One of the many reasons I started Founder to Leader was to have more control over my life. I have always worked incredibly hard wherever I’ve been employed – and I’ve never wanted to outsource being a mom to my son. Unfortunately I don’t have relatives nearby who help out, so it’s been a tough juggling act for a long time. I’m also not proud of this, but in my marriage I was the default parent for everything. It was a lot of weight to carry. 

I always felt like I was compromising some part of me no matter where I was or what I was doing. When I started Founder to Leader, I was able to create a work schedule that matched my son’s school hours and it allowed me to feel like I didn’t have to apologize for whatever hours I needed to keep to be able to care for my son – while also having big ambitious dreams professionally. 

It ends up there are a lot of powerful badass women out there who are sick of being on a professional treadmill. Some colleagues reached out to me when they saw I’d gone out on my own and were interested in exploring what that might look like for them, as well. Each of the women that I have on my team is extraordinary and has her own reasons why building a portfolio of work as a coach is a much better match. I love being on a team and have always appreciated working with exceptional women. It’s hard to find really interesting high-paying part-time or flexible work with this much impact. I try my very best to be the most supportive mentor and colleague to them – which is absolutely what they deserve. 

The biotech and the innovation industry are also not particularly supportive of women yet. It’s a hard environment. When I was in biotech venture, I found that I was the only woman in many meetings. I became very passionate about advocating for women and underrepresented groups. It made complete sense to me that my company, Founder to Leader, should be 100% women. I’m building a company that is everything we have not found in the community – a truly supportive and nurturing work environment for some of the most talented professionals I know. I’m building a company for all of us to thrive.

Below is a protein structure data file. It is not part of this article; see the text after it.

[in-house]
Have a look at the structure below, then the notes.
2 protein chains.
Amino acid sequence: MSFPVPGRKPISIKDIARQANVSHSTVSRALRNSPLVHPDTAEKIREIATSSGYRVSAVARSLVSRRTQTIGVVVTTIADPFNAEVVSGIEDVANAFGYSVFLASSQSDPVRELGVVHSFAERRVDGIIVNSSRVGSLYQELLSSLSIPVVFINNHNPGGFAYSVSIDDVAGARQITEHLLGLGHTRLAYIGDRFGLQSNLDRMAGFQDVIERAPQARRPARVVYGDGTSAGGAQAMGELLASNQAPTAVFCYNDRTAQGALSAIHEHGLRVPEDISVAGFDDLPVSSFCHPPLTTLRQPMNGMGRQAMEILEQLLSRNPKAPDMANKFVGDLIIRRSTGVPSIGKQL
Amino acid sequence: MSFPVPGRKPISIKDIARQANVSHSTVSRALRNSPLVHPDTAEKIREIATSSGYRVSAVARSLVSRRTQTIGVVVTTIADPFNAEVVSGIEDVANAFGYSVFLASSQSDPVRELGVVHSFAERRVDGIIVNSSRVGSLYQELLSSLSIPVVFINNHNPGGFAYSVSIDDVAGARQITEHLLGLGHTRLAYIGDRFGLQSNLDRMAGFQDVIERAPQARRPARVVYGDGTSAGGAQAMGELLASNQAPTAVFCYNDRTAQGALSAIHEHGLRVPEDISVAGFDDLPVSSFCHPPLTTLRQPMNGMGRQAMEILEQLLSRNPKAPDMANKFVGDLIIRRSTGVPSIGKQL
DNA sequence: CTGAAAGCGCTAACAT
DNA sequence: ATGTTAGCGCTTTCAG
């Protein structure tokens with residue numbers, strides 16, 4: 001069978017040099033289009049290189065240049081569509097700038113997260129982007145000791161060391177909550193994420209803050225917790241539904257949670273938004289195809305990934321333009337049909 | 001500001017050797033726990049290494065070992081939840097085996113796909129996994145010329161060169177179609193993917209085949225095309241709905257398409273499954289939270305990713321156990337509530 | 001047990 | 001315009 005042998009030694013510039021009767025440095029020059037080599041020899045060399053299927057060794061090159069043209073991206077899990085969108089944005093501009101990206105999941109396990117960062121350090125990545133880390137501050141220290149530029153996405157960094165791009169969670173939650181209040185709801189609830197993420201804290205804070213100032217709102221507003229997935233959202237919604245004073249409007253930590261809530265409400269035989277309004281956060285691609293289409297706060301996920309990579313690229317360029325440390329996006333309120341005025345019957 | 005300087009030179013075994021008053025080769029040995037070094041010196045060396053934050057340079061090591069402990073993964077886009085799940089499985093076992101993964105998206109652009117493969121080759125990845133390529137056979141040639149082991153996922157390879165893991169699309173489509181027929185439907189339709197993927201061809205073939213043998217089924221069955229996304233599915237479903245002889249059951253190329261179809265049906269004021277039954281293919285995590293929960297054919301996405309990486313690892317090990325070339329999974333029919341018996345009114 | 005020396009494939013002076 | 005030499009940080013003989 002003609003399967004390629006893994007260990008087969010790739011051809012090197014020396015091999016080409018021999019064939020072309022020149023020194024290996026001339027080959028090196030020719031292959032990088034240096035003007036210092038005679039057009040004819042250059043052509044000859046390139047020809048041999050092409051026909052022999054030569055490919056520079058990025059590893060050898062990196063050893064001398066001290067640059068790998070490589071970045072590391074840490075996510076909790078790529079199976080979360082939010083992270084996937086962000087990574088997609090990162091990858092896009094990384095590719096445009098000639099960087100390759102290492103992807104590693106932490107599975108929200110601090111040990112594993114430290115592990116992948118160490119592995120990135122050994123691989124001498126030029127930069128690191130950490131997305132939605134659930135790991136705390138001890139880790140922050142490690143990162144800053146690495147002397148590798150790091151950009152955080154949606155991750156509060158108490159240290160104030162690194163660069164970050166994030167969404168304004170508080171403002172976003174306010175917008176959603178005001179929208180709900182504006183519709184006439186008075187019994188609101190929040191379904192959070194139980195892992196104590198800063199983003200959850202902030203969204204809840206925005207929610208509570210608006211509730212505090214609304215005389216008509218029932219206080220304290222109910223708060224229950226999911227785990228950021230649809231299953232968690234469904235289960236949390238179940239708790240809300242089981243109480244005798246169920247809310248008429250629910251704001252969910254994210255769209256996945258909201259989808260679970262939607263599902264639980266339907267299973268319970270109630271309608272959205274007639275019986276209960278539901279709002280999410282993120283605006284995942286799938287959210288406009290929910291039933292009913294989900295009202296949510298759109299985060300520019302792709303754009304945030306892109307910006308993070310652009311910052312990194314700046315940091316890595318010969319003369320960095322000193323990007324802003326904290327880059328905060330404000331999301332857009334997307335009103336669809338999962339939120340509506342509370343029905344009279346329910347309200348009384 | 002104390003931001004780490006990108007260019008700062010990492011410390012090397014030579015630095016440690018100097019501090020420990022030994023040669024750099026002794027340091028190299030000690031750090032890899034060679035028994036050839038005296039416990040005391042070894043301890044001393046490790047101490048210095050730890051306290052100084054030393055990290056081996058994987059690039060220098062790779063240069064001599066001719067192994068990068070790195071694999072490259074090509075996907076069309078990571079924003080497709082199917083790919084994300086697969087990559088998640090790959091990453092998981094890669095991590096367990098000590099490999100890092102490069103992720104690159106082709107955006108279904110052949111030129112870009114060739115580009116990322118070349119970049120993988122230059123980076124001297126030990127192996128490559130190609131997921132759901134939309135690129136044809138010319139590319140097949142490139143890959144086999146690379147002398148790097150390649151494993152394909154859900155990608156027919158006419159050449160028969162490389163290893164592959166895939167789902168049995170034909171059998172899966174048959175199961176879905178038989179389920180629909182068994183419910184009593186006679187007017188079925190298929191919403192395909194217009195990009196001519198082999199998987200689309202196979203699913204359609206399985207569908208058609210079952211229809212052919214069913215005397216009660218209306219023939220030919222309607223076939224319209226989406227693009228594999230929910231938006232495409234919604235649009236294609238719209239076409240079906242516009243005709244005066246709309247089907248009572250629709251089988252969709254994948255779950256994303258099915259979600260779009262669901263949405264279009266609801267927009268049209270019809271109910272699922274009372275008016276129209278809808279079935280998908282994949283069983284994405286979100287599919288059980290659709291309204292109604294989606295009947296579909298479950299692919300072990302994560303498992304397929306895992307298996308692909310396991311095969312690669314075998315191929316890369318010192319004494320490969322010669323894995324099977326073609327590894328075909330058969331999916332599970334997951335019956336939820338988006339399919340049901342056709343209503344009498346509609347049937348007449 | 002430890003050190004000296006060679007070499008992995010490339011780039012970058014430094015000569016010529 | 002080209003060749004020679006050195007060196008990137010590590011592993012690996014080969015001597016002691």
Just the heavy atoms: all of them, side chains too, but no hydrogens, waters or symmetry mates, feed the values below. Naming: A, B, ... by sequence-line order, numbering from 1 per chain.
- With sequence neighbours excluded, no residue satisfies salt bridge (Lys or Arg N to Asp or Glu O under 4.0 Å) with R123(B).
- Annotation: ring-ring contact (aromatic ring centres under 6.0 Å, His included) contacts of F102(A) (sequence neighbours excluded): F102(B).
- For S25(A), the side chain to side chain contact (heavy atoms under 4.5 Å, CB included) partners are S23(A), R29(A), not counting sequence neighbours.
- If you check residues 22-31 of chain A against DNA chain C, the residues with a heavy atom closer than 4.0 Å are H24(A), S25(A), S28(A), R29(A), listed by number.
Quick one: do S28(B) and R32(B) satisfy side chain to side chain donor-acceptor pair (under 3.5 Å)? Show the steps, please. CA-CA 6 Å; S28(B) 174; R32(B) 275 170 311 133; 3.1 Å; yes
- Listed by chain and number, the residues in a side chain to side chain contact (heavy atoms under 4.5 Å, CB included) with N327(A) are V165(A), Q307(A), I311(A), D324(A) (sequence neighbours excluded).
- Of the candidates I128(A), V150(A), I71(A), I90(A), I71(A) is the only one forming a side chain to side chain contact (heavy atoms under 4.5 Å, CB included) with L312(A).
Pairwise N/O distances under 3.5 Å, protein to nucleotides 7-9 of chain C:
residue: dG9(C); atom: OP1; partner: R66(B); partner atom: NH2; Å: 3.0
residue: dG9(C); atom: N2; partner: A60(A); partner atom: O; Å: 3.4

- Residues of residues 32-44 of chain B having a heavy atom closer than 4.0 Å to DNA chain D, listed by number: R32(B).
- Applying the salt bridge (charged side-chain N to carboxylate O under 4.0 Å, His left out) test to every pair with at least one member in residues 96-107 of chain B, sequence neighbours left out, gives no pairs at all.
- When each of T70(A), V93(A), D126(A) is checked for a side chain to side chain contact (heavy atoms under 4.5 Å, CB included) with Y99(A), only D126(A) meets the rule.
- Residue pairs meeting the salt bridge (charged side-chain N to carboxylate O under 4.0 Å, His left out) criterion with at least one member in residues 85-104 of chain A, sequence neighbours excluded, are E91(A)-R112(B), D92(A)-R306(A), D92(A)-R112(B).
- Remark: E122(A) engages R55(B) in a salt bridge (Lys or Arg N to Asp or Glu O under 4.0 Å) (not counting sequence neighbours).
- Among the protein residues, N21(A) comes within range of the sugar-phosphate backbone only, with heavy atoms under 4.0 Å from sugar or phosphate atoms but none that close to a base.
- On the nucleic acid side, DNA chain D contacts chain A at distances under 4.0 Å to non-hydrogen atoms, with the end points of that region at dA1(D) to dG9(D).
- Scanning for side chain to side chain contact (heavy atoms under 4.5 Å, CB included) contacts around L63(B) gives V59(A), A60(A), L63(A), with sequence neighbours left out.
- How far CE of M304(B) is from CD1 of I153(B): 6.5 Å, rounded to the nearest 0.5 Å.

1. How has your success in Founder to Leader impacted your personal life and relationships?

Founder to Leader has given me so much power to believe in myself. Although we should not necessarily equate financial success with overall success, I felt like a real boss lady when I started to become my family’s primary breadwinner. I was thoroughly enjoying my work – and I was also, for the first time, being rewarded financially for my efforts. It felt amazing. 

In fact, Founder to Leader’s success gave me the power to ask for a divorce. I realized that I could absolutely afford to live on my own with my son. I no longer needed to stay in my lonely marriage because it made sense, financially. I had known for a while that my marriage wasn’t serving me – or our family – particularly well. The company’s success gave me permission to no longer accept an unhappy marriage as good enough.